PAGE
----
Running Zero Suppression
There are two way to run the zero suppression either running one file at a time or all files (this works but also runs over the different setting tests which should be ignored):
Running over one file:
n.b. this will overwrite the root file output.root but append to the data file pix_cern_r<runNumber>_all_zs.dat
alternatively run over all file in the data dir using a python script as below:
Making Seagull plots
To make the seagull plots the ZeroSuppression code needs to be run. With the SeaGull function called as follows:
SeaGull(int seedPixRow, int seedPixCol, double CMSSubVal,int stackPosition)
This will fill the SeaGull histograms and plots can be made as below:
python -i SeaGullPlotMaker.py
Zero Suppression Code
Here is an explanation of the code used to perform the zero suppression of the data from the test beam. This is performed using the file ZeroSuppression.cc (and .h in include dir) in decal_sw/Analysis/ZeroSuppression/src/
The first job of this code is to analyse 200 events and use these to calculate the pedestals for each sensor. This is performed in the member function CalculatePedestals(ifstream&, int, int,int). This takes up to 4 input variables in the following order- input file, event type (refers to the internal/external adc and the trigger - taken from the file header), stack position ( the position of the sensor in the stack 0-6 ), max ped value ( the max number of events used to calculate the pedestals)
The first 400 events are skipped to allow stabilisation of the pedestals. Noise values are calculated as the RMS of the pedestal distribution using a reduced range, intended to remove the effect of hits. Each Pedestal distribution is written to a root file.
The pedestals and noise values are then written to the header of the output file.
The file can be reset using SuppressData.ResetFile(....) this will then run over all of the events including the first 200.
Before data can be zero suppressed a mask is applied this is performed:
Firstly an instance of SuppressData.ZeroSuppress(fin, fout,1, 1000) is called.
The options selected here mean that the next 1000 events are examined - for these events a hit level is set at 10 sigma of the pedestal. Pedestal correction and common mode correction have been applied.
Common Mode Correction
Here I will describe the process of common mode correction which is applied to the events from the test beam.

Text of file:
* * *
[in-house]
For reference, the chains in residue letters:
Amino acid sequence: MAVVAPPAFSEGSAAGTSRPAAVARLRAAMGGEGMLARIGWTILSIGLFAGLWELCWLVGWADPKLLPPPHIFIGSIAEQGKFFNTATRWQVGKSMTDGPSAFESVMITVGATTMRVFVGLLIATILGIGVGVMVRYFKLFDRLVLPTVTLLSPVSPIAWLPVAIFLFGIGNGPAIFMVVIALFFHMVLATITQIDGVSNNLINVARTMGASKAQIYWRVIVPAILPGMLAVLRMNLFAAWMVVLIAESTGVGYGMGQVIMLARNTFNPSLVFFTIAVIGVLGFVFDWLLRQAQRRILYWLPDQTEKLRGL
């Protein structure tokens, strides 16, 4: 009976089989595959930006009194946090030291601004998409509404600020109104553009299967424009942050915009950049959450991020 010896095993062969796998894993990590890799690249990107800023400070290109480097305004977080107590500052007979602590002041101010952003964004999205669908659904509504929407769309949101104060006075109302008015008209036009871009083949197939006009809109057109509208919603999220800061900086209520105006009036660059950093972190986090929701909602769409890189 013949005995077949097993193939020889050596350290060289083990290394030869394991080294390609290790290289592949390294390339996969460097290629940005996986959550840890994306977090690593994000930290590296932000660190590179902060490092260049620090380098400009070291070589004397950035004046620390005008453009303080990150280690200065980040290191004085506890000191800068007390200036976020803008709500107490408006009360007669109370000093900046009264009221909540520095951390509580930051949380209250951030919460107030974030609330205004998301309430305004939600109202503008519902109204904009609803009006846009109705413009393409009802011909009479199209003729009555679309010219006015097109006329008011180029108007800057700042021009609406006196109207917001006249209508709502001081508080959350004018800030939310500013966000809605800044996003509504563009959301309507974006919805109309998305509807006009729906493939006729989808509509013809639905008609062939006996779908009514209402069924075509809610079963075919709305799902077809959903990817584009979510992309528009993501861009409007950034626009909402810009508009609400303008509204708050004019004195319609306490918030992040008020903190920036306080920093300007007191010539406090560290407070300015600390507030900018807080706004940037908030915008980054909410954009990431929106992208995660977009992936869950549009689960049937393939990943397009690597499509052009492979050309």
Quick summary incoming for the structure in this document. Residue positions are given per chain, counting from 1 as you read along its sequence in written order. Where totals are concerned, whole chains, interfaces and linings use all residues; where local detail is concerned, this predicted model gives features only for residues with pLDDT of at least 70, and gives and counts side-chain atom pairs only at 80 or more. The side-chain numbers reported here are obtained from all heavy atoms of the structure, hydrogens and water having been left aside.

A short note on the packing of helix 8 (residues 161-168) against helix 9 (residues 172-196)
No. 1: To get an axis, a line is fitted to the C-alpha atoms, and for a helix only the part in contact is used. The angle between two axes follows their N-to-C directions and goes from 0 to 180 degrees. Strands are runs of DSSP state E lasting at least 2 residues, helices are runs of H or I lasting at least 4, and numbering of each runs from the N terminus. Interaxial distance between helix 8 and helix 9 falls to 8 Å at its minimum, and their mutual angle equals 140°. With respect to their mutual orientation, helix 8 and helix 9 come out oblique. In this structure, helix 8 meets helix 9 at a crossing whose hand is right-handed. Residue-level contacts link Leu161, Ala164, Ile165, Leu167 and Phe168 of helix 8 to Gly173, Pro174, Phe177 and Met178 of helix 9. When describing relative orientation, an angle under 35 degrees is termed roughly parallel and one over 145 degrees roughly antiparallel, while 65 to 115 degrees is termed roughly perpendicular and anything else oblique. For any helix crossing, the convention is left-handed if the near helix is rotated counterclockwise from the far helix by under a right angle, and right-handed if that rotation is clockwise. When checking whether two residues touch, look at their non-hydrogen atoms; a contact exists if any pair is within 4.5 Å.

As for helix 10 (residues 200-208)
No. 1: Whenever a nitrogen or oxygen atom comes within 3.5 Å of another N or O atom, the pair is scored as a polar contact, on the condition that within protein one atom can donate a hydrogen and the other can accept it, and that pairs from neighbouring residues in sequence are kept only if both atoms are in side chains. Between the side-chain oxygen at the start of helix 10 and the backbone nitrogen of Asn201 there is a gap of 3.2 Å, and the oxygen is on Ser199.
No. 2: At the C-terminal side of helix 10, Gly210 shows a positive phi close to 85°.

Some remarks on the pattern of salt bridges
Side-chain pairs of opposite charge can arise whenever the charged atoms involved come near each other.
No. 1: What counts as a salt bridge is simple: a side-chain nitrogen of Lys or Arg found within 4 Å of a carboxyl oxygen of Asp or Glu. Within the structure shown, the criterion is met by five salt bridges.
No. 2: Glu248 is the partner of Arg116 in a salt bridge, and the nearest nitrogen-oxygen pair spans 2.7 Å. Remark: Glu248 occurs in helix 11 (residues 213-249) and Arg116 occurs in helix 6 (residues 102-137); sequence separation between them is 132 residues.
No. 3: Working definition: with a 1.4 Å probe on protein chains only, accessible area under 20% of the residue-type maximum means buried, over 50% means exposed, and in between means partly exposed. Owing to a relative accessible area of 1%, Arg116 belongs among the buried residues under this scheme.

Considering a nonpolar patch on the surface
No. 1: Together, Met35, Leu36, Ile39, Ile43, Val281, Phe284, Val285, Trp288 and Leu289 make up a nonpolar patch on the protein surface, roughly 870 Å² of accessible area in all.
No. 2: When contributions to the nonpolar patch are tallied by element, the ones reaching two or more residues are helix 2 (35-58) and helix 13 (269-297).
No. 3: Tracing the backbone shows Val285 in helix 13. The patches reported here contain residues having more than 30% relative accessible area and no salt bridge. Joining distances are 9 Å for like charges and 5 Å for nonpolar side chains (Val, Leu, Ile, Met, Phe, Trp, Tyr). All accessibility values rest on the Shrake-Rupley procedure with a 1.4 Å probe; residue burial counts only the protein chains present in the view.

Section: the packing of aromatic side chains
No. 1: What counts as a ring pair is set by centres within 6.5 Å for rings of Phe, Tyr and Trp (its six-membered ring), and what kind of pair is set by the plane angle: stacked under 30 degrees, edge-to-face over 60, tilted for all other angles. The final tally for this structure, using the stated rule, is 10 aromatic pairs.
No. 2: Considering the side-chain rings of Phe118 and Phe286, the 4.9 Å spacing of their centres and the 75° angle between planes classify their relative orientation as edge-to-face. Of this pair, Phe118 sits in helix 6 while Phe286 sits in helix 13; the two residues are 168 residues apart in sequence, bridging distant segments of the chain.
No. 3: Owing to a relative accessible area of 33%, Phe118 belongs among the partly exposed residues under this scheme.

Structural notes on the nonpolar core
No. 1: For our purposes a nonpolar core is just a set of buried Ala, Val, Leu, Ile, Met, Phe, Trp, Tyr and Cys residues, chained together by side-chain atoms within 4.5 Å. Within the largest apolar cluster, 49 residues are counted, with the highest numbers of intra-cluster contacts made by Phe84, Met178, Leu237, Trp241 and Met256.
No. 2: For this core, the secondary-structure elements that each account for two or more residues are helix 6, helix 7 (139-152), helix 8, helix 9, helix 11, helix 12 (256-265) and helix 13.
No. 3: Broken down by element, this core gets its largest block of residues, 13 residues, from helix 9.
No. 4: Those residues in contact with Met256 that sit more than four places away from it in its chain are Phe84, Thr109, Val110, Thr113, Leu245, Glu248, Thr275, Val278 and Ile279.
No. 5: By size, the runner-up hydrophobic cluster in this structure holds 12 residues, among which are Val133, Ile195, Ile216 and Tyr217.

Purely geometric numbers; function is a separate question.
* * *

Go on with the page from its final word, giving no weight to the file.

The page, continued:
The common mode correction is applied in a function called CMS(double PedSubADC, double CMSSubADC, int stackPosition, double threshold=1.)
The first parameter is the original values from the pixels, the second parameter is the CMS subtracted values, the third is the position of the sensor in the stack and the final value is the threshold level in units of sigma.
This function calculates the mean of the 48 pixels in a row and ignores pixels greater than the threshold level ( to exclude hits ).
This is executed two times firstly removing hits at a high level (30 sigma) then at a lower level (7 sigma).
Then using SuppressData.HitMap1D() a 1D plot of the hits is made and any sensor which has hits at a level above 4.5 sigma of the mean for a sensor is added to the masked pixels.
The correlation plots are made by including FillHitCorrelation(hits,pixel,stackPosition) (commented out in the code) and running as before.
An alignment can be made using the script zalign.py
python -i scripts/zalign.py
the output from the script gives the alignment of each sensor relative to the first sensor in row and column
here you need to change the name of the root file to use different runs.
Read ZS Code
Here is a description of what the ReadZSData code doe:
The code begins by reading the data from file. There is a run header for each sensor with the following parameters:
number of headers
position in stack
There is also an event header for each sensor which contains:
evt header size
number of hits all sensors
number of hits this sensor
The data for each event is then read in. The alignement is applied by setting rowAlignment and colAlignment. While being applied the units are converted from pixels to microns.
The hits are converted to clusters using MakeCluster which searches the neighbouring 8 pixels for values greater than an inclusion (default 2 sigma).
These clusters are then sorted into order by row and checked for uniqueness any clusters sharing the same pixels choose the first one and ignore the remaining.
These lists of clusters are then combined if they fall with in a range of 100 microns. If there are 6 senors which fall in this range then they are fitted.
A chi2 is then calculated for each point on the sensor relative to the track. These are stored in an ntuple.